Gulls of Europe, Asia and North America


More than 20 years after the publication of the seminal Gulls – a Guide to Identification by the late Peter Grant, we now have its successor, Gulls of Europe, Asia and North America by Klaus Malling Olsen and Hans Larsson, the third in a series of major collaborations by these two authors. Those familiar with the two previous titles, Terns of Europe and North America and Skuas and Jaegers, will be familiar with the formula, but at just over 600 pages Gulls is a much larger book, and the inclusion of more than 800 photographs and 83 colour plates makes this a particularly impressive and attractive tome.

I believe anyone with a serious interest in gull identification, and many more who have yet to discover the allure of this fascinating and, from an identification perspective, most challenging group, should have this book. Apart from the considerable first-hand experience of the authors, it draws on a comprehensive array of reference material, and the end result is a thorough and up-to-date compilation that reflects the current general understanding of the identification, moult, taxonomy, distribution and migration of the 45 or so gull taxa that occur in the northern hemisphere. I dare say even the most experienced and critical ‘Larophiles’ among us will appreciate having so much information and so many images between the covers of a single volume.

Klaus Malling Olsen’s text is not always the easiest read, but he does his best to liven up the introductory ‘Identification’ sections with useful comparisons and personal impressions, which helps considerably. The ‘Description’ sections of each species account are, inevitably, more turgid, but by and large the information is clear and accurate.

As in previous titles by these authors, there seems to me to be far too much repetition of information in these separate sections, and I can’t help thinking that with better editing much of this could have been eliminated. Indeed, there are many indications of lax or careless editing throughout this book. The most frustrating element in the text, however, is the habit of bundling a whole lot of references at the end of passages of text, which makes it very difficult to identify and follow up particular sources. A minor irritation, which as an Irishman I feel obliged to mention, is the author’s apparent failure to realise that Ireland is not part of >Great Britai!

Hans Larsson’s plates are generally excellent and his confident, not overly laboured style suits the subject matter well. In almost all cases his sensitivity to the all important subtle characters of his subjects results in birds that can be identified as much by their jizz and ‘personality’ as their detail, and there are few artists in the world who do this as well and as consistently as Larsson. I particularly like his portrayals of the more attractive smaller species, such as Franklin’s and Sabine’s Gulls, but his plates of the larger gulls are, for the most part, every bit as successful, if not quite as intrinsically pleasing. Here and there I found myself reacting to what seemed like too bright bare-part colours (for example the bright yellow bill of adult Kittiwakes on plate 82, or the atypically pinkish leg colour of second-winter Ring-billed Gull) but given the high standard of Larsson’s work perhaps I need to look afresh at these birds! In the review copy a couple of plates (65 and 83 in particular) seem to suffer poor reproduction.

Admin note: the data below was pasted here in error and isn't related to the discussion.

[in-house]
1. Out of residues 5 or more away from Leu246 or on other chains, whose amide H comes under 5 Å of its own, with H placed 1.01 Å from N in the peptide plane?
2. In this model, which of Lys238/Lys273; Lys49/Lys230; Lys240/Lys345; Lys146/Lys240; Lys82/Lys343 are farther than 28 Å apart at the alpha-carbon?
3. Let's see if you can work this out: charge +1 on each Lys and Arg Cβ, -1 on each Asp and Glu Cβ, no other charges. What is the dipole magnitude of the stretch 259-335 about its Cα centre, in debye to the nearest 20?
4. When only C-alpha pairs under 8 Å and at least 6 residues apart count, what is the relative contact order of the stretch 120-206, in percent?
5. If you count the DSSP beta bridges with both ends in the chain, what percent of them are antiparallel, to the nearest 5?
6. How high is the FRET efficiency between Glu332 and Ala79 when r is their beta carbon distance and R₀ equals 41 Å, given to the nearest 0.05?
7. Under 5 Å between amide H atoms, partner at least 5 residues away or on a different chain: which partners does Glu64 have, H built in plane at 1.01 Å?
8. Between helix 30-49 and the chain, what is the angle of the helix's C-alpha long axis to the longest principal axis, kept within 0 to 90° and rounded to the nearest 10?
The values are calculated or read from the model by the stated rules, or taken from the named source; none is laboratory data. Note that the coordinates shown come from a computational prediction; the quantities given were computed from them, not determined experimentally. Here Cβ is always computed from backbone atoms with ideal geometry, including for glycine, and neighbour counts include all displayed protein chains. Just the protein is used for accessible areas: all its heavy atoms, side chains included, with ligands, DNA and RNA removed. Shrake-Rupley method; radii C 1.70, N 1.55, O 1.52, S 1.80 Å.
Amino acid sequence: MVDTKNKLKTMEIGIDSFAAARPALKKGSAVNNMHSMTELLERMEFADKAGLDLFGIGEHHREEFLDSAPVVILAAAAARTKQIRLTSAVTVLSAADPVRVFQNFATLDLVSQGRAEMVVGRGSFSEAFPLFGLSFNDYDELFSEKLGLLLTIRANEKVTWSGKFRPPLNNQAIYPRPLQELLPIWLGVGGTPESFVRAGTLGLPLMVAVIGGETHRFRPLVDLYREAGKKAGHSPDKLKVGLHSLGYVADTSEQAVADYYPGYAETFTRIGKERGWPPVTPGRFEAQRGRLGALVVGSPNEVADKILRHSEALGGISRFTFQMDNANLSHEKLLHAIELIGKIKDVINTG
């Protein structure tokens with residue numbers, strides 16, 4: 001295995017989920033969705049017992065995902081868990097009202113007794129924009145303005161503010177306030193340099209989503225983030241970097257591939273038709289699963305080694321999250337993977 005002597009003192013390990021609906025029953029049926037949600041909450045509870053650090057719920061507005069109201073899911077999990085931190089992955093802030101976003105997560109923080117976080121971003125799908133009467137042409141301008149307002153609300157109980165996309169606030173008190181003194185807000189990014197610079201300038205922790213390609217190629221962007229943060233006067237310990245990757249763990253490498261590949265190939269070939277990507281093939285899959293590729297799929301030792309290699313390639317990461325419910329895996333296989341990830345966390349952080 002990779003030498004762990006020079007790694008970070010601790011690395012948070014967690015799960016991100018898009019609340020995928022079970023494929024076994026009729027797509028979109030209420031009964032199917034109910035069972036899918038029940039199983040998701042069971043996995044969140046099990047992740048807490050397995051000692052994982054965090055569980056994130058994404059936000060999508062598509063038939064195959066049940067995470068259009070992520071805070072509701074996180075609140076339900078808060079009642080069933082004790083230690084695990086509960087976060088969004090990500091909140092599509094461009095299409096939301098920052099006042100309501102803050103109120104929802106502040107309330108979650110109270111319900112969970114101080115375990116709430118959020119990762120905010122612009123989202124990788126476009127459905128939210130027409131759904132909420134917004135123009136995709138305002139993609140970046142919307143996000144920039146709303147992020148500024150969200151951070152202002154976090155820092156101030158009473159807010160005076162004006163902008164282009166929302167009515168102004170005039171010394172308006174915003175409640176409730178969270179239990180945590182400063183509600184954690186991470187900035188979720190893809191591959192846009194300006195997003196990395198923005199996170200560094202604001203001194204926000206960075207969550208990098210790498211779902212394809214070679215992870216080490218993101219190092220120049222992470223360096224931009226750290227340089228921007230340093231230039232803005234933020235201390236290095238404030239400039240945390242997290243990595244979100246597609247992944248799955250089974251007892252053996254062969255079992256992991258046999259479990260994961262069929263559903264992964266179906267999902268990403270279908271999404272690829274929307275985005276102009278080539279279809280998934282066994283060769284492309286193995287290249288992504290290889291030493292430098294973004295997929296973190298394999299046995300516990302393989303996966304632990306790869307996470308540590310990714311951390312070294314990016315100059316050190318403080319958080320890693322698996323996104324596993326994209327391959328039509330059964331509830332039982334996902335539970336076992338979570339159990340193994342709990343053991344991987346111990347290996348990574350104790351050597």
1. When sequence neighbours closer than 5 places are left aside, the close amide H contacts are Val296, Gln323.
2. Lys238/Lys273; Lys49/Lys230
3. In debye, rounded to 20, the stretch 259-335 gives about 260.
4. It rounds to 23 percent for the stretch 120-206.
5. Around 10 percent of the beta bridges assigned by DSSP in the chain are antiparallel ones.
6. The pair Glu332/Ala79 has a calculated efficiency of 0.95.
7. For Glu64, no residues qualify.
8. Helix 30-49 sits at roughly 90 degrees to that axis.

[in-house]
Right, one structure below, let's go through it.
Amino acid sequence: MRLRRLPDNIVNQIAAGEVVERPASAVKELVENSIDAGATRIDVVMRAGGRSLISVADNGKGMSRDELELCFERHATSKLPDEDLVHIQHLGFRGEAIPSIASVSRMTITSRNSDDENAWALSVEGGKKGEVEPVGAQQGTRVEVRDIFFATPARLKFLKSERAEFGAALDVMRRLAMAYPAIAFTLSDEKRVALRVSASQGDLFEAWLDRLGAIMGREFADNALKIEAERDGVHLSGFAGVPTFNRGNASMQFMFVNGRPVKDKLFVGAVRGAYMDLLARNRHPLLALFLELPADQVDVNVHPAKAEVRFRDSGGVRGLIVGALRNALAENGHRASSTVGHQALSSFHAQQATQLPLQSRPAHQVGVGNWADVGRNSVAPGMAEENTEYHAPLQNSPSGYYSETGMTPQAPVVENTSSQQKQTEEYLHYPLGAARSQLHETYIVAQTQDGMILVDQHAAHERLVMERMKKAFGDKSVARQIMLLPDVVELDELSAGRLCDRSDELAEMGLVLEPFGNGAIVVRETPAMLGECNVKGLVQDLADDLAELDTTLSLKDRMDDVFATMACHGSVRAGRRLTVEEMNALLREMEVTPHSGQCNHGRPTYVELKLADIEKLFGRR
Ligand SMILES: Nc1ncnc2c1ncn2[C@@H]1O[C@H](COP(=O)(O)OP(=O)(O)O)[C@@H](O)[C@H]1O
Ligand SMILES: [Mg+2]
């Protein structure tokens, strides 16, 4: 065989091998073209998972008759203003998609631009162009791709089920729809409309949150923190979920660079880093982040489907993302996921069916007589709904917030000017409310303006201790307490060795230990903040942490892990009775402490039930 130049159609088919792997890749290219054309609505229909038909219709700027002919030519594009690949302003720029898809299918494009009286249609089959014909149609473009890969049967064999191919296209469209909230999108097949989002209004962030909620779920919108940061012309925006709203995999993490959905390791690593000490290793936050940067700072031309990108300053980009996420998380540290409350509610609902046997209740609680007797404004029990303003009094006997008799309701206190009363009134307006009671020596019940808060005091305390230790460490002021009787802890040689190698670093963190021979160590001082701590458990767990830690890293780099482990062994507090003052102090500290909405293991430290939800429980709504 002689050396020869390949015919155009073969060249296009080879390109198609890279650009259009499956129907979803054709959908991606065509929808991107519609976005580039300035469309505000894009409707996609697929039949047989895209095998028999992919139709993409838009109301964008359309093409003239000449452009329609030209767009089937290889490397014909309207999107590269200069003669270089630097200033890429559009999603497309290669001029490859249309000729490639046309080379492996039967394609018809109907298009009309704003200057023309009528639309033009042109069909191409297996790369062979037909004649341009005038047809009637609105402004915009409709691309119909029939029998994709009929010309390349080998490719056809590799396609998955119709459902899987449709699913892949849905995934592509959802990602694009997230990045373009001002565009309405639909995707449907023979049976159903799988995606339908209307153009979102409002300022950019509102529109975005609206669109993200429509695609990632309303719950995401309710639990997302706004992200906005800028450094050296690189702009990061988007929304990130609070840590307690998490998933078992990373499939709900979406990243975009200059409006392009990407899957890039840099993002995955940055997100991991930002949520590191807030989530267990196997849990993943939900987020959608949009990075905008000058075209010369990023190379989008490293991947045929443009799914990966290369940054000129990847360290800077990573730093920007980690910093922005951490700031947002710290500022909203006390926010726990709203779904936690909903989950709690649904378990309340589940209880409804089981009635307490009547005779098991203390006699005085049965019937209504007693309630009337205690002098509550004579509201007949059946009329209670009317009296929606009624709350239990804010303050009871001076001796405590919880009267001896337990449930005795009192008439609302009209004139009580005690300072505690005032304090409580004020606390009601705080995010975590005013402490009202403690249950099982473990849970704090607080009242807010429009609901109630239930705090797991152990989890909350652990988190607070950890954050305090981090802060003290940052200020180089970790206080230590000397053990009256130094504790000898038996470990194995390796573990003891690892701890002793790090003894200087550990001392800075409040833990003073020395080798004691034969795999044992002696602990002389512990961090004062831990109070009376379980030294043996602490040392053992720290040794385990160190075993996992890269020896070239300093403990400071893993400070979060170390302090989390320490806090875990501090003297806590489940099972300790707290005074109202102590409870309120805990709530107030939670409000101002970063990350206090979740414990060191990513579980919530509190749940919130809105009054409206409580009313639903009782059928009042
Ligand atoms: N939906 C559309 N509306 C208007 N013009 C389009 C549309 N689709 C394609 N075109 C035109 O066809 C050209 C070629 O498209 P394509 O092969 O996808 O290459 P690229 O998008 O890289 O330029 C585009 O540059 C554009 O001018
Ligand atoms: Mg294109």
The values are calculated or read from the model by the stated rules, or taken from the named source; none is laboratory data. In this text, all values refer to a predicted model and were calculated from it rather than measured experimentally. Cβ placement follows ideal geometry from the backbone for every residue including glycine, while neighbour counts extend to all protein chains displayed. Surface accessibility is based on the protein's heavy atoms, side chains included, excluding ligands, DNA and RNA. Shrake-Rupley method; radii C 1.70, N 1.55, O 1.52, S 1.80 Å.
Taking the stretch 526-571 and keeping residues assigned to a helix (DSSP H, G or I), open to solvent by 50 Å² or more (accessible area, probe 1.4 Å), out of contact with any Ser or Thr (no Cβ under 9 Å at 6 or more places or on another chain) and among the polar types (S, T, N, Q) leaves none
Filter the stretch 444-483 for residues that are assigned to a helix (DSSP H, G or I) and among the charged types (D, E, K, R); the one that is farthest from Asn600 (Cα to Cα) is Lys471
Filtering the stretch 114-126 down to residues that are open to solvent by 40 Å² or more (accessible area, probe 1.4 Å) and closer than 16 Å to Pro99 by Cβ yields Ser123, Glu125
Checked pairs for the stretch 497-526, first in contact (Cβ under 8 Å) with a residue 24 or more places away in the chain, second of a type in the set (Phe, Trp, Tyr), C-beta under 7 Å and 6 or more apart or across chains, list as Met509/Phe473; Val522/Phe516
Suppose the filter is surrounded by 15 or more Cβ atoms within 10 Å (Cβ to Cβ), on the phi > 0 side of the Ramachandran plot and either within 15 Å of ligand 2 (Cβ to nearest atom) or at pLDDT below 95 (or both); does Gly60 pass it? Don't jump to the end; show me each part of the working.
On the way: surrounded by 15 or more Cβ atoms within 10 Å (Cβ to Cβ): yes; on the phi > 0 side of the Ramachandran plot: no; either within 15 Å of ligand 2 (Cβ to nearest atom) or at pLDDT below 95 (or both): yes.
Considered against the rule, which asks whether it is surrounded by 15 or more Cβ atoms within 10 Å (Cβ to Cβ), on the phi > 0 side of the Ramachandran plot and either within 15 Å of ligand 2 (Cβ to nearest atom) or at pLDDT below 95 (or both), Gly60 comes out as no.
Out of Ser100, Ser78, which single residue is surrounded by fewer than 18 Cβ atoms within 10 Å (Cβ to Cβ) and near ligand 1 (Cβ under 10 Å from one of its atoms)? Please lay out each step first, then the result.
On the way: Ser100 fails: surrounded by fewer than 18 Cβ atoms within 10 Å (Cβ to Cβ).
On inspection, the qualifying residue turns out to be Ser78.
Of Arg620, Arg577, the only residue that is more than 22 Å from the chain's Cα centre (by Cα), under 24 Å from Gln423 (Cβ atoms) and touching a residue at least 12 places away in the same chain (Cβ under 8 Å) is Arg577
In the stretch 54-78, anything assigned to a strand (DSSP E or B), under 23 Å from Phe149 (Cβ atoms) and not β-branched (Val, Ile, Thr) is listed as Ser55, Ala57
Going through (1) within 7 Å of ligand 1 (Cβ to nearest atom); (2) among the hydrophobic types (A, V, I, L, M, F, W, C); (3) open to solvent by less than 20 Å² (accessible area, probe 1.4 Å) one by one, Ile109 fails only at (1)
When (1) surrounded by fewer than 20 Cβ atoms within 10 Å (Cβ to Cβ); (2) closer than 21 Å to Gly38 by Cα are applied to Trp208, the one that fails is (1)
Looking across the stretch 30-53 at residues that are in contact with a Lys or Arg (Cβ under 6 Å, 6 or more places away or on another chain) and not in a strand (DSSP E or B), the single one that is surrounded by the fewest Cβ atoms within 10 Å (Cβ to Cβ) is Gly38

The quality of photographic reproduction is remarkably high and it seems likely that this is in no small way due to the efforts of the legendary Dutch repro-wizard Rene Pop, whose knowledge of the birds themselves must be a great asset in this kind of work.

It is a great pity, however, that this corrected reprint of the seriously error ridden (and subsequently withdrawn) first printing is still not fully correct, as evidenced by information put into the public domain by some of the photographers whose work appears in the book. It is difficult to determine where the responsibility lies for the failure to at least attribute correct date and location information (as provided by the photographers) to each photograph, but with so many of the errors in the first printing clearly being a result of carelessness in the final stages of production, it may be that it is the publishers rather than the authors who are at fault. The fact that one photographer, who highlighted errors in eight consecutive photograph captions first time around, can testify that four are still incorrect is difficult to excuse. One wonders how many other captions incorporate erroneous information.

Notwithstanding the quite large number of errors, inconsistencies and typographical mistakes that have been highlighted in a number of already published reviews, the authors are to be commended for having had the dedication to undertake and complete such a daunting task and provide us all with a much-needed source of reference. It is likely to be the standard ‘gull book’ for the foreseeable future.

First Published in Birdwatch 156: 54 (June 2005). To order a copy of Gulls of Europe, Asia and North America, please click here.

Tech spec

  • Gulls of Europe, Asia and North America by Klaus Malling Olsen and Hans Larsson (Christopher Helm, London, 2004)
  • 608 pages, 823 colour photographs, 96 colour plates, numerous maps, graphs and tables
  • ISBN 0713670878. Hbk, £45